Do we often find ourselves “over-thinking?”
In consonance with a recent poll I have made on Reddit, a startling percentage, almost 70% of participants stated that they commonly "catch" themselves over-thinking.
Over-thinking may be a familiar psychological difficulty for many people and it is generally related with other mental circumstances such as depression, stress and anxiety.
No question, our own minds are constructed to overcome and solve even the most problematic difficulties and show excellent decision making abilities – thinking normally would be a healthy thing – but too much thinking, or "over-thinking" may mature and come to be unnecessary and even toxic.
Fortunately, there are various psychological methods to help better manage and control the way you use your mind, one of the best tools for that in my opinion, and the subject of this article is called the “brain drain” exercise.
This exercise is astonishingly easy to do. Start by taking a paper and a pencil or pen, then fully fill both sides of the paper by writing anything that comes to your mind.
The primary purpose of this exercise, the “brain drain”, is to have all your thoughts "spill" to the paper while you're thinking it, as your thoughts reveal themselves. During this thoughts and content "spilling" there should be : No edits. No second guesses. No waiting. The idea is to let any thought that comes you your mind transfer itself onto the paper, Even if the best thought that you have right now is "maybe I should first light up a cigarette and then start writing" or " I'm not really sure how to start or what to write". Just continue the "thought spilling" until you have the paper full of your thoughts from both sides.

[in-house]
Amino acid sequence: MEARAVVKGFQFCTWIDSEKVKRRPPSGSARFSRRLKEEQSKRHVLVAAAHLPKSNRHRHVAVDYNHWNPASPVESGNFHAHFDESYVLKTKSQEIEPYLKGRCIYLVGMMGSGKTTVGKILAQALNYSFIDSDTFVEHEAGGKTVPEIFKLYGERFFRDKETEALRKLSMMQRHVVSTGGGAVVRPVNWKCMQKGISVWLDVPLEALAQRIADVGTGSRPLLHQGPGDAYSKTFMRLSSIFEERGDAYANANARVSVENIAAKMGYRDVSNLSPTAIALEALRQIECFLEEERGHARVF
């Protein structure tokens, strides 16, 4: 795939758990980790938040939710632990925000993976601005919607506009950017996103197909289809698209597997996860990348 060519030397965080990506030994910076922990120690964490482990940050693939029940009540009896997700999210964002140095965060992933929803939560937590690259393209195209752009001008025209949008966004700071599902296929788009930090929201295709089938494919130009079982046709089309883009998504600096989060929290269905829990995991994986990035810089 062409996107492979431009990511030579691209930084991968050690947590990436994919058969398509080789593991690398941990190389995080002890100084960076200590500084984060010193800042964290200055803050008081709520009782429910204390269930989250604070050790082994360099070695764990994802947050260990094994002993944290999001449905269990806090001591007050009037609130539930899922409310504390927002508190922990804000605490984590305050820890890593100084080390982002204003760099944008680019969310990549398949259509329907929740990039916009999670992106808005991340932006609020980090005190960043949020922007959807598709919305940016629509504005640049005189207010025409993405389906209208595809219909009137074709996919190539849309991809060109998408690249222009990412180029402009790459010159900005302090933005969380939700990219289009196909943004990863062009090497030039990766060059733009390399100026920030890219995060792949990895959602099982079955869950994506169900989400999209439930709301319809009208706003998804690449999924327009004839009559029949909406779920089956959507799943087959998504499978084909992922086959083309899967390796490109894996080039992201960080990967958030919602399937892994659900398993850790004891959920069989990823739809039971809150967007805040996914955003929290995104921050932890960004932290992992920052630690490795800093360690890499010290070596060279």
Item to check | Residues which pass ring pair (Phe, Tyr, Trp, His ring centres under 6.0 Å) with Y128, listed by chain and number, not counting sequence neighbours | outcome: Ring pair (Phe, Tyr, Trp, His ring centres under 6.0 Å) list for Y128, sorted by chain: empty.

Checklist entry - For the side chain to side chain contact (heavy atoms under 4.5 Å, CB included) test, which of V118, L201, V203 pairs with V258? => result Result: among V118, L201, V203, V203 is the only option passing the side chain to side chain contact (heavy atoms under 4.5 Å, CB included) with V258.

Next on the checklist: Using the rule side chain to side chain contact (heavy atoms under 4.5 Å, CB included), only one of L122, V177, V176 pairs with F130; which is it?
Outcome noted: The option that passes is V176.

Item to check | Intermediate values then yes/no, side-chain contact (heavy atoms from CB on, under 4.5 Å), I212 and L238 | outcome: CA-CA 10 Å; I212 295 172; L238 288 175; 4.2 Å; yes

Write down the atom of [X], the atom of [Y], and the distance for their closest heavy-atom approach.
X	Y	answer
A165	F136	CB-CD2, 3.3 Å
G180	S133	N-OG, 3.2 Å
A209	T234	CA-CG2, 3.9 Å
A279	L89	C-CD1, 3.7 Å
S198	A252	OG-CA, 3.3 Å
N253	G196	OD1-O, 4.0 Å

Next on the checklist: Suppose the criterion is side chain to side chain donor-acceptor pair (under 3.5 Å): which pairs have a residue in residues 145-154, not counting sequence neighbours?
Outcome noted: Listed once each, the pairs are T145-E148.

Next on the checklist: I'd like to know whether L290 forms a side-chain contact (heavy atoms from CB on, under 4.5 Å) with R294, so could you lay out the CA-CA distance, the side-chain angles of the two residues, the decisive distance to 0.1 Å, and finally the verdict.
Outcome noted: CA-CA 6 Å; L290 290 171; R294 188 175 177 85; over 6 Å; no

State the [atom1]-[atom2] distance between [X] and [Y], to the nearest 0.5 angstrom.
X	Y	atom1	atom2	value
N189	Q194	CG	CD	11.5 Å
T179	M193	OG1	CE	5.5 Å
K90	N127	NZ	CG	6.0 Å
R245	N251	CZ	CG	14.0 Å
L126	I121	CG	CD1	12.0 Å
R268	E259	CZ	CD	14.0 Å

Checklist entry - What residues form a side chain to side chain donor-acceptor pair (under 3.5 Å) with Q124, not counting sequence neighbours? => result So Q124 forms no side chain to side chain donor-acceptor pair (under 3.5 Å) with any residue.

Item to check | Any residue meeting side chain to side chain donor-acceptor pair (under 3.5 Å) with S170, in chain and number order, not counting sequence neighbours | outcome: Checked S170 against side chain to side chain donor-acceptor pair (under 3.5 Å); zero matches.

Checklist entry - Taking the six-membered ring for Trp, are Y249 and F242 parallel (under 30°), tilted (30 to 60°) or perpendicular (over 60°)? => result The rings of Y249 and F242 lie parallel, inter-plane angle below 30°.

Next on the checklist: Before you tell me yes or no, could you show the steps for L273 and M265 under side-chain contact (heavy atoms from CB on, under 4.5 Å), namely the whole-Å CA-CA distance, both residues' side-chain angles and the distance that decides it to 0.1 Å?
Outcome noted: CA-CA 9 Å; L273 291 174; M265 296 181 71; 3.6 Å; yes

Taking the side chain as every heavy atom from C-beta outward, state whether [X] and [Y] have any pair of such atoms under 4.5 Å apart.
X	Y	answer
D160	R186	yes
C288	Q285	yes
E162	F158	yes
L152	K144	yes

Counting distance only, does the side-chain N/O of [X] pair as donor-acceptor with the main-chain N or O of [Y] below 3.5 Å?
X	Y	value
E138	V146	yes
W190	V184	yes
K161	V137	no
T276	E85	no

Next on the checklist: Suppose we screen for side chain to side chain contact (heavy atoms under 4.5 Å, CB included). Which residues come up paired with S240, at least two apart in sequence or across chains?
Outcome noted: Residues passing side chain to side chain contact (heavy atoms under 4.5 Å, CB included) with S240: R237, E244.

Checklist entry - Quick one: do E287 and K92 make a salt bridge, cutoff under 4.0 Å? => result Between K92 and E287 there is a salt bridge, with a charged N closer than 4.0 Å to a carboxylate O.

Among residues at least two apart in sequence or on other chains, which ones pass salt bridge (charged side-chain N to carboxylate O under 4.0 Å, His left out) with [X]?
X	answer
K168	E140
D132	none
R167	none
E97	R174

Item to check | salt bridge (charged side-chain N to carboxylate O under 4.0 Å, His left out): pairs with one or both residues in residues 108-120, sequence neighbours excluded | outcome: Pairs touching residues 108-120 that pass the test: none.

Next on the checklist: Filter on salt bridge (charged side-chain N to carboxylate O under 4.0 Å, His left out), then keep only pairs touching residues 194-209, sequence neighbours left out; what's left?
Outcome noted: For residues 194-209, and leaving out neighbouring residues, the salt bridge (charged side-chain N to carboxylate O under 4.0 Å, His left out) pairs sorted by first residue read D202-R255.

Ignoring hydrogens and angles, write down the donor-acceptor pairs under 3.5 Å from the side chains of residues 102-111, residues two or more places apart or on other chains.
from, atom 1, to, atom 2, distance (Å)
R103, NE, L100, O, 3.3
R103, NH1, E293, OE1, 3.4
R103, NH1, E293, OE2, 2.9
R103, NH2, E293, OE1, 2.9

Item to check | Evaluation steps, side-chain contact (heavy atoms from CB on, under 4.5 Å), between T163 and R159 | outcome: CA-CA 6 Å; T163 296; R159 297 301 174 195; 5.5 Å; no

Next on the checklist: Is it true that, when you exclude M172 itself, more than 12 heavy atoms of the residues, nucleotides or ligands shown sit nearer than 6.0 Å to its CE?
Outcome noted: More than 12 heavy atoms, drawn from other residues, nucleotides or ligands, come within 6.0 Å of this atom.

In the beginning of this exercise, you will probably have the desire to write basic notes about things you feel such as "I'm kinda hungry" or "This is actually exciting", just let it pour and soon enough deeper subjects will start flowing onto the paper such as "I should get to know myself better" or "I can an want to make my spouse happier".
The ideal time to test this exercise is between the time that you wake up and before you start your new day. It shouldn't take more than 15 minutes since during that entire time your practice your brain and drain it onto the paper, a process that is completely free flowing, and soon enough creating a stream-of-consciousness.
Just like William James (the famous psychologist) indicated, our consciousness or mind is like a “river” that is constantly flowing and streaming. That is the origin of the phrase “stream of consciousness” .
Normally when we over-think we create a block in the stream of consciousness, just like a boulder or a fallen tree blocking the stream of a river.
The “brain drain” daily routine and practicing it assists us to overcome that "dam" that is concealing all of our precious thoughts away from reach, under a roof inside our heads, and makes it possible for those thoughts to travel freely with the pure intent of letting them release. Rather than keeping thoughts trapped inside your mind, what we are actually doing is clearing them out.
Thinking is mostly an unaware process that we do, just like breathing. A lot of the times there is no specific meaning behind our thoughts and they are just there.
When we embrace this technique of draining our brains we allow our mind and consciousness to "go nuts" and have th freedom it needs. We are not in a fight with our thoughts but we are nurturing them. When you "drain" your brain in the morning, your brain cleans out, and ready for focused new day!
Amusingly, researches show that when test subjects spent 7 minutes of writing about our feelings before a difficult task, those subjects has shown to be more casual and easy.
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